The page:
In honor of the renovation and reinstallation of SAAMâs galleries for folk and self-taught art on the first floor, four specialists in the field came together to address the perceptions and practice of folk and self-taught artists, each from a unique vantage point. The speakers joined Leslie Umberger, SAAM's curator of folk and self-taught art and emcee for the evening, in a discussion on the unique position of these out-of-the-ordinary makers of art. One of Umberger's goals for the panel was to address "How we may foster public appreciation for work that might be perceived as simple or unsophisticated but is much more often nuanced and complex."
Folk and self-taught artists have come a long way, from being perceived as outsiders who existed on the wrong side of the academy, to a gradual recognition that they are rightfully a part of the canon. But who exactly are the people who didn't go to art school? What is non-mainstream art? Tom DiMaria, director of Creative Growth Art Center in Oakland, California, talked about his work with people with disabilities who spend their days creating art. "The path to art is often the path to communication," he told us as he shared stories of artists in the Center, including Dan Miller, who is non-verbal and on the autistic spectrum. His drawing, Untitled (peach and gray with graphite) from 2010, was acquired by SAAM, and is currently on view in the new galleries. As a young boy (born 1961), his mother, a schoolteacher, sat with him every night spelling words hoping he would talk one day. "He did talk," DeMaria told us, "but twenty years later when he picked up a pen and a paintbrush and made drawings and images built upon words, one letter after the other." These are the words that were in his head for twenty years, that he could only express when he had paper and pen in front of him. His story is compelling, but it is his artwork that speaks for itself.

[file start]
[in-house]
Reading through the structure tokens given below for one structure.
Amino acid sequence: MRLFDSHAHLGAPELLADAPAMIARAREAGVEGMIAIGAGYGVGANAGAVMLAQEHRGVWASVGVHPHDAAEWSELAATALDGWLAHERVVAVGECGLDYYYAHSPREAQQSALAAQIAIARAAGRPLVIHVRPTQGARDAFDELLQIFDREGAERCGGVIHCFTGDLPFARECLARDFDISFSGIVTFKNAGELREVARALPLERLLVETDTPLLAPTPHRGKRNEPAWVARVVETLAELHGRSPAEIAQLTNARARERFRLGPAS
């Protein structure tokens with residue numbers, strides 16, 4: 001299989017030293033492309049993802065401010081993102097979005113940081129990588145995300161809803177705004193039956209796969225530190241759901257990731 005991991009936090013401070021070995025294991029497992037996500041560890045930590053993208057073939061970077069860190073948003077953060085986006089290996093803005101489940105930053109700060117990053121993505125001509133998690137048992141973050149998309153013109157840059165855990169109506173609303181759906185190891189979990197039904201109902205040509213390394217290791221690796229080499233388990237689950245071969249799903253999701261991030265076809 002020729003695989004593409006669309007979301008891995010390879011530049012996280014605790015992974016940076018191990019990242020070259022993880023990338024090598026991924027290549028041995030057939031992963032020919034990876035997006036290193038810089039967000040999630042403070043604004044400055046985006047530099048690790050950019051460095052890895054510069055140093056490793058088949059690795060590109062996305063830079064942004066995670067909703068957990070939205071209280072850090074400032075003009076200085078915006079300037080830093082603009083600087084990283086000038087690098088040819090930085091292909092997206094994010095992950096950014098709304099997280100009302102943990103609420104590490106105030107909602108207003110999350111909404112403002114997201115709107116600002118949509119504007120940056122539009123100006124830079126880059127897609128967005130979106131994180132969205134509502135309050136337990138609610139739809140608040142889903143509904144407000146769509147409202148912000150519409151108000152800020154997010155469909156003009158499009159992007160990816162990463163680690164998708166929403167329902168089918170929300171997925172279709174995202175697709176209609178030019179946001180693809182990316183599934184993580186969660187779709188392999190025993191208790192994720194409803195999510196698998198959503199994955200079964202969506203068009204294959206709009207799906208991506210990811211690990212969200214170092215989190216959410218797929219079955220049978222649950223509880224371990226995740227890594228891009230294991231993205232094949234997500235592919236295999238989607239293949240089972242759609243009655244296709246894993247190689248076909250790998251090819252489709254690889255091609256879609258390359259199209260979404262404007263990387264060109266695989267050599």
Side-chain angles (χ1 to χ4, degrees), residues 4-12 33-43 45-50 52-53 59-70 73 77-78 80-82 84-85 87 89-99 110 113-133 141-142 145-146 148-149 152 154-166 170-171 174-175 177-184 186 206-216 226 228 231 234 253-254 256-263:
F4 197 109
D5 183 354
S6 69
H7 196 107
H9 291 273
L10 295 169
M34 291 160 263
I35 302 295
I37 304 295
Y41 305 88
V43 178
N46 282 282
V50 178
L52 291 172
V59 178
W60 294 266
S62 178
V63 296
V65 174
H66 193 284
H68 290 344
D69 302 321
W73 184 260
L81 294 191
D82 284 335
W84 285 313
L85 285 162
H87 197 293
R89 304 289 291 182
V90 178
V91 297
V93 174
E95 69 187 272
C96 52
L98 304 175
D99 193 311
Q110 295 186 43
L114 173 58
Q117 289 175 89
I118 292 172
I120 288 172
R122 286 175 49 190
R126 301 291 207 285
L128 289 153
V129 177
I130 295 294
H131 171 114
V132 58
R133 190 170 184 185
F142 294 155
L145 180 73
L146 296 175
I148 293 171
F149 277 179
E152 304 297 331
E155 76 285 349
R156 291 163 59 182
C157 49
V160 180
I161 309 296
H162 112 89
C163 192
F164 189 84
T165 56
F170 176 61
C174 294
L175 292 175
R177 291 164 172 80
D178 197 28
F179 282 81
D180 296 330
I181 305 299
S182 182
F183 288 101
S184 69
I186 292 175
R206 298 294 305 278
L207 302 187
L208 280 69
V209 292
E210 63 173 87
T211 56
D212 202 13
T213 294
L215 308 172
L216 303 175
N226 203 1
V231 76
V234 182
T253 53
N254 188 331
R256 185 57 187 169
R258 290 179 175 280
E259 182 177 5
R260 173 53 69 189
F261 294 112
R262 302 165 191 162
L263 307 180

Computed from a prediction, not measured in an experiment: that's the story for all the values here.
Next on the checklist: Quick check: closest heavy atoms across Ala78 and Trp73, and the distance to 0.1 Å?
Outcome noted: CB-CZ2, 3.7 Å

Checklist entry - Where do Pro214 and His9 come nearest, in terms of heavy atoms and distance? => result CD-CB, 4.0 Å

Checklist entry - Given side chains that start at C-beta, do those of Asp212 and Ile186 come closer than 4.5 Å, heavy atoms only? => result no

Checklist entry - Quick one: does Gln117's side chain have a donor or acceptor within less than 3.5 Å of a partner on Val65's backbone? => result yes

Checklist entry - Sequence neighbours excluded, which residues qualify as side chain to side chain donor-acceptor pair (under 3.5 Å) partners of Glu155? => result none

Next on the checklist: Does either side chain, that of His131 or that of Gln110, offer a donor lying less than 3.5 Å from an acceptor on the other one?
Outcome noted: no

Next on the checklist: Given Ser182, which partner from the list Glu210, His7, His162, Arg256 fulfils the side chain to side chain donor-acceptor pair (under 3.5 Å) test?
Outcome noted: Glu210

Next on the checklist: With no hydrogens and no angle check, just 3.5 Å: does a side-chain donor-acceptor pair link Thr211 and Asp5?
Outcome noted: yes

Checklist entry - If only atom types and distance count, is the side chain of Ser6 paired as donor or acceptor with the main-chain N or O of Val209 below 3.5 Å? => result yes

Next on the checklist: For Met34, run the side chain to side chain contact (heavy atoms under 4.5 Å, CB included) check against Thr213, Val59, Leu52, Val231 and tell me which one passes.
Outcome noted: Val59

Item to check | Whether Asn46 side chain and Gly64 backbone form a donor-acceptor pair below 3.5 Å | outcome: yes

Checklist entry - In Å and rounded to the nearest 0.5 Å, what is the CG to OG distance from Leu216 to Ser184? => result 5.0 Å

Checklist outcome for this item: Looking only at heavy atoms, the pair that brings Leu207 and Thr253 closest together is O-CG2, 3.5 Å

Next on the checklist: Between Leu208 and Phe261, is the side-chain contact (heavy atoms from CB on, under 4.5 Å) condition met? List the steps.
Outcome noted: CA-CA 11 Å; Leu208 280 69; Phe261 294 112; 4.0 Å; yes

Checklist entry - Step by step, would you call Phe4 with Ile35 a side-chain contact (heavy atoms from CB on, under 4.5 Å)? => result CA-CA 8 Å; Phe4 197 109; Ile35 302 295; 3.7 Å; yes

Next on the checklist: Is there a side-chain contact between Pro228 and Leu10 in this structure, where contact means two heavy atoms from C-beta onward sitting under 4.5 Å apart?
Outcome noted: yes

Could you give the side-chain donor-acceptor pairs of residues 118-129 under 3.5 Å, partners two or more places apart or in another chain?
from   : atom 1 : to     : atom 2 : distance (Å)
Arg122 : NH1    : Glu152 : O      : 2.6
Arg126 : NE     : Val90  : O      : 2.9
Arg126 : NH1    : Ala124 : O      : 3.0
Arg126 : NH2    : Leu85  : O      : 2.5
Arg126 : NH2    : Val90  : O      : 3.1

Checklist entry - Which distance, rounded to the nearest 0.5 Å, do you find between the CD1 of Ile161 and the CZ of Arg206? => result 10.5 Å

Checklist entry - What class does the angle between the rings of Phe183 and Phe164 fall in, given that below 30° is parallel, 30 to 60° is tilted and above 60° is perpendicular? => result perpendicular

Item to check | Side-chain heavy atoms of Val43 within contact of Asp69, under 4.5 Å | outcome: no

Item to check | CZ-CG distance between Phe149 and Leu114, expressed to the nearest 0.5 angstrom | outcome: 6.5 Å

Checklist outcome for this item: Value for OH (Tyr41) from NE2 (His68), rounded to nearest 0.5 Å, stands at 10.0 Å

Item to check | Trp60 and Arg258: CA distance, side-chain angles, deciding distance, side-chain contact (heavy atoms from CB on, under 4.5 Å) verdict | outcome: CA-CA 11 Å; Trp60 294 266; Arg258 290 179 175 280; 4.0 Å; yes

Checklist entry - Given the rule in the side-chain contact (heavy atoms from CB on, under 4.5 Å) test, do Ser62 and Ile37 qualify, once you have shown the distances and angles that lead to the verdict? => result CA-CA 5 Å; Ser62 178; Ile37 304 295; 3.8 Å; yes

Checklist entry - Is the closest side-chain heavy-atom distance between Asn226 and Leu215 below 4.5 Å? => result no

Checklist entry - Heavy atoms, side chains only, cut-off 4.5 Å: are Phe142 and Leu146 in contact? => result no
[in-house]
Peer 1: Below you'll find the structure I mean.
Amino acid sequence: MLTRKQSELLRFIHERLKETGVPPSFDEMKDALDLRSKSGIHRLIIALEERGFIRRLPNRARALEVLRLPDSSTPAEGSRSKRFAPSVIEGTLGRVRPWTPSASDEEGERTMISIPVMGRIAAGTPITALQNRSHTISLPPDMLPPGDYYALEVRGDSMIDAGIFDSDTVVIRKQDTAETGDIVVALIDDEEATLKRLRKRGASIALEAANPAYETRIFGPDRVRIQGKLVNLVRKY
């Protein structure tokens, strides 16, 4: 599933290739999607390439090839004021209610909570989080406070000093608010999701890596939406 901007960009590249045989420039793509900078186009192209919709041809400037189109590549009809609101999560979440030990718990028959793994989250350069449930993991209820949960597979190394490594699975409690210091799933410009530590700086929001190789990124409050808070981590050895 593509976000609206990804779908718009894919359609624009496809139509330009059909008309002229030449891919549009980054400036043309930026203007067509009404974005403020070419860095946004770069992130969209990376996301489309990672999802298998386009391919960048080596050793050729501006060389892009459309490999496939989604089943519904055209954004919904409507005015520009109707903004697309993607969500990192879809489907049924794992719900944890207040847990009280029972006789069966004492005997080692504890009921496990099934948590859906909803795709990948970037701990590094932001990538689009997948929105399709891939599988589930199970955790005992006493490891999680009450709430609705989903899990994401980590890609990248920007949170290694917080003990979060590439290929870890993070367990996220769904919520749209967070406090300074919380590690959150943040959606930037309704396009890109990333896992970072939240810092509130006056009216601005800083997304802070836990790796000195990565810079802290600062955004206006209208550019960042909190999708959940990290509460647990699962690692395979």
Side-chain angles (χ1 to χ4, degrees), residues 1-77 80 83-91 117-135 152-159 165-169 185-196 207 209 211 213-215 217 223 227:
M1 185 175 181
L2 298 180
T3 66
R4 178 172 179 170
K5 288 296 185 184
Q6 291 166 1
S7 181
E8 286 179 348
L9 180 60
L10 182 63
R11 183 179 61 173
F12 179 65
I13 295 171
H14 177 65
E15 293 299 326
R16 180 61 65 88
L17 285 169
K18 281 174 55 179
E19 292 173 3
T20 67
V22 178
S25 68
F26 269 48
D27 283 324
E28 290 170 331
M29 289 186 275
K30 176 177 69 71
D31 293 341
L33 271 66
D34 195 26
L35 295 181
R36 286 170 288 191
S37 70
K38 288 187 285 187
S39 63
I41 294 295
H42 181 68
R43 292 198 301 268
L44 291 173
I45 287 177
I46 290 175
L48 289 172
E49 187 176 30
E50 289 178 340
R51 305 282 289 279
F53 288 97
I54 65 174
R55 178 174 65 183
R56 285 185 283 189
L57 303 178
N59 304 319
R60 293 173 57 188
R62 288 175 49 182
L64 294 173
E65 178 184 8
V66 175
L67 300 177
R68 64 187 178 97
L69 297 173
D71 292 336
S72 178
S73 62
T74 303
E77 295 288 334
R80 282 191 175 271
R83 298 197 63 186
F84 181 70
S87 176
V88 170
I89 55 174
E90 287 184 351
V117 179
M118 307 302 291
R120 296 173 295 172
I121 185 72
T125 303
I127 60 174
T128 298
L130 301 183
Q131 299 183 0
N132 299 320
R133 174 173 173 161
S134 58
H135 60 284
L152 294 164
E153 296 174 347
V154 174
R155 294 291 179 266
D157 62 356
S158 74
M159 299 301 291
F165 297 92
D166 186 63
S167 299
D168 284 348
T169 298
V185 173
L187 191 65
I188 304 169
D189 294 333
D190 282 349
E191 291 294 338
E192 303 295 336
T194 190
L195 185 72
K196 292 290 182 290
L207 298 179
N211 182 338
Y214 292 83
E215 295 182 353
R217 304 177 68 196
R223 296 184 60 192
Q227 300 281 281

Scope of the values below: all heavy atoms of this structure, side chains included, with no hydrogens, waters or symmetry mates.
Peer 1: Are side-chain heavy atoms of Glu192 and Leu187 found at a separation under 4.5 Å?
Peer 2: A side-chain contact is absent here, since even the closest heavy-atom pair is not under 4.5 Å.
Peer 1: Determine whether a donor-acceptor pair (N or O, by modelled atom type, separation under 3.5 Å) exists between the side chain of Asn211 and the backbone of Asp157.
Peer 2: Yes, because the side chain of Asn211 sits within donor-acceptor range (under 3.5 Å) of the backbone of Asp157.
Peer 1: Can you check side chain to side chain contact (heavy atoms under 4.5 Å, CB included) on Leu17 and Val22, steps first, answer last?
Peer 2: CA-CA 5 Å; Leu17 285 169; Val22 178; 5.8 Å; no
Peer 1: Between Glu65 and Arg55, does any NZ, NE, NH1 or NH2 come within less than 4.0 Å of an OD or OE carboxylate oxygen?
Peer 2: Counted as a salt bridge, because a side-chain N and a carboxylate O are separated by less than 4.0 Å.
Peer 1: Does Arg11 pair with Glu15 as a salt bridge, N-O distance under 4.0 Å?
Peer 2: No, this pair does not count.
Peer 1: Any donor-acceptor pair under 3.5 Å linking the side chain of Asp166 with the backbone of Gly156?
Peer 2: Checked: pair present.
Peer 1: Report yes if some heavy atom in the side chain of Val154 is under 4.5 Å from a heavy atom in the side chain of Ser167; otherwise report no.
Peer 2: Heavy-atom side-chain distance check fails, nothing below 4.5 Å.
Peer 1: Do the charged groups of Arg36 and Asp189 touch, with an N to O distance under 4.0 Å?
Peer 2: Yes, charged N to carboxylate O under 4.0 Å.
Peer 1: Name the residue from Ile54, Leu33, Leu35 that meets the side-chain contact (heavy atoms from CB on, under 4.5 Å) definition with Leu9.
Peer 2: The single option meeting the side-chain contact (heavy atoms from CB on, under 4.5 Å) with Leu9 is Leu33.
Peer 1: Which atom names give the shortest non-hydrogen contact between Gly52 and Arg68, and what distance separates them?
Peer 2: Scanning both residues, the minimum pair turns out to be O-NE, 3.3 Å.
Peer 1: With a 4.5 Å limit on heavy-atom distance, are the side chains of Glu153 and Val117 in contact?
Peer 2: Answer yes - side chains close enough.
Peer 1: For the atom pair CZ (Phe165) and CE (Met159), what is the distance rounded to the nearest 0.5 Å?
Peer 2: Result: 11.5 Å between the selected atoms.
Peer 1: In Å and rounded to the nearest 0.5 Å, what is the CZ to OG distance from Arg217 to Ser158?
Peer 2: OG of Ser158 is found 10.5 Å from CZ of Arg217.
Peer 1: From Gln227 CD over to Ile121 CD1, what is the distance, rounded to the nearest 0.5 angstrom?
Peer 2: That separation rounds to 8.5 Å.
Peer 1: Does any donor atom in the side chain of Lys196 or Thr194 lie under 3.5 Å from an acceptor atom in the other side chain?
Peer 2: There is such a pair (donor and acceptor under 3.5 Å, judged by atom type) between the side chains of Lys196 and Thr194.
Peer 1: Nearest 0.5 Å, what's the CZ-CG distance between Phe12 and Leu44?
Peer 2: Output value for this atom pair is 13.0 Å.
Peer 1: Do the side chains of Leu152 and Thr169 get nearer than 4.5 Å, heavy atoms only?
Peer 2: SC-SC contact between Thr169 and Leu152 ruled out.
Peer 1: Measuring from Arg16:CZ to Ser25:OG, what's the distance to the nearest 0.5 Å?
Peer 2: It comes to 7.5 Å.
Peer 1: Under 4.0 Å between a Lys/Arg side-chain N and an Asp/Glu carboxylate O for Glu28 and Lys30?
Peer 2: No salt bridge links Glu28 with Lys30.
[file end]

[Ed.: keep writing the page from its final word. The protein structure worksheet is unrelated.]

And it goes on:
Katherine Jentleson, curator of folk and self-taught art at the High Museum of Art, contributed a survey of self-taught art over the past one hundred years. As she told us, "The art is primary and the biography of the artist including his or her access to training is secondary, or even irrelevant." Bernard L. Herman, professor of Southern studies and American studies at the University of North Carolina at Chapel Hill, added to our knowledge of self-taught artists and their practice, and touched on the works of Lonnie Holley and Thornton Dial, Sr., both of whom had works acquired by SAAM in the mid-1990s. Philip March Jones, director of the Andrew Edlin Gallery, New York, spoke about artist Melvin Way, who was born in South Carolina in 1954, but eventually found his way to New York City. Like Dan Miller, Way's work was recently acquired by the museum and is currently on view on the first floor.
The Q&A after the talk brought audience questions about the place of digital in the oeuvre, as well as the question of how you address artists who were once labeled "outsiders," now that their work can be found in private collections and museums such as SAAM.
If you missed the discussion, take a look at our webcast: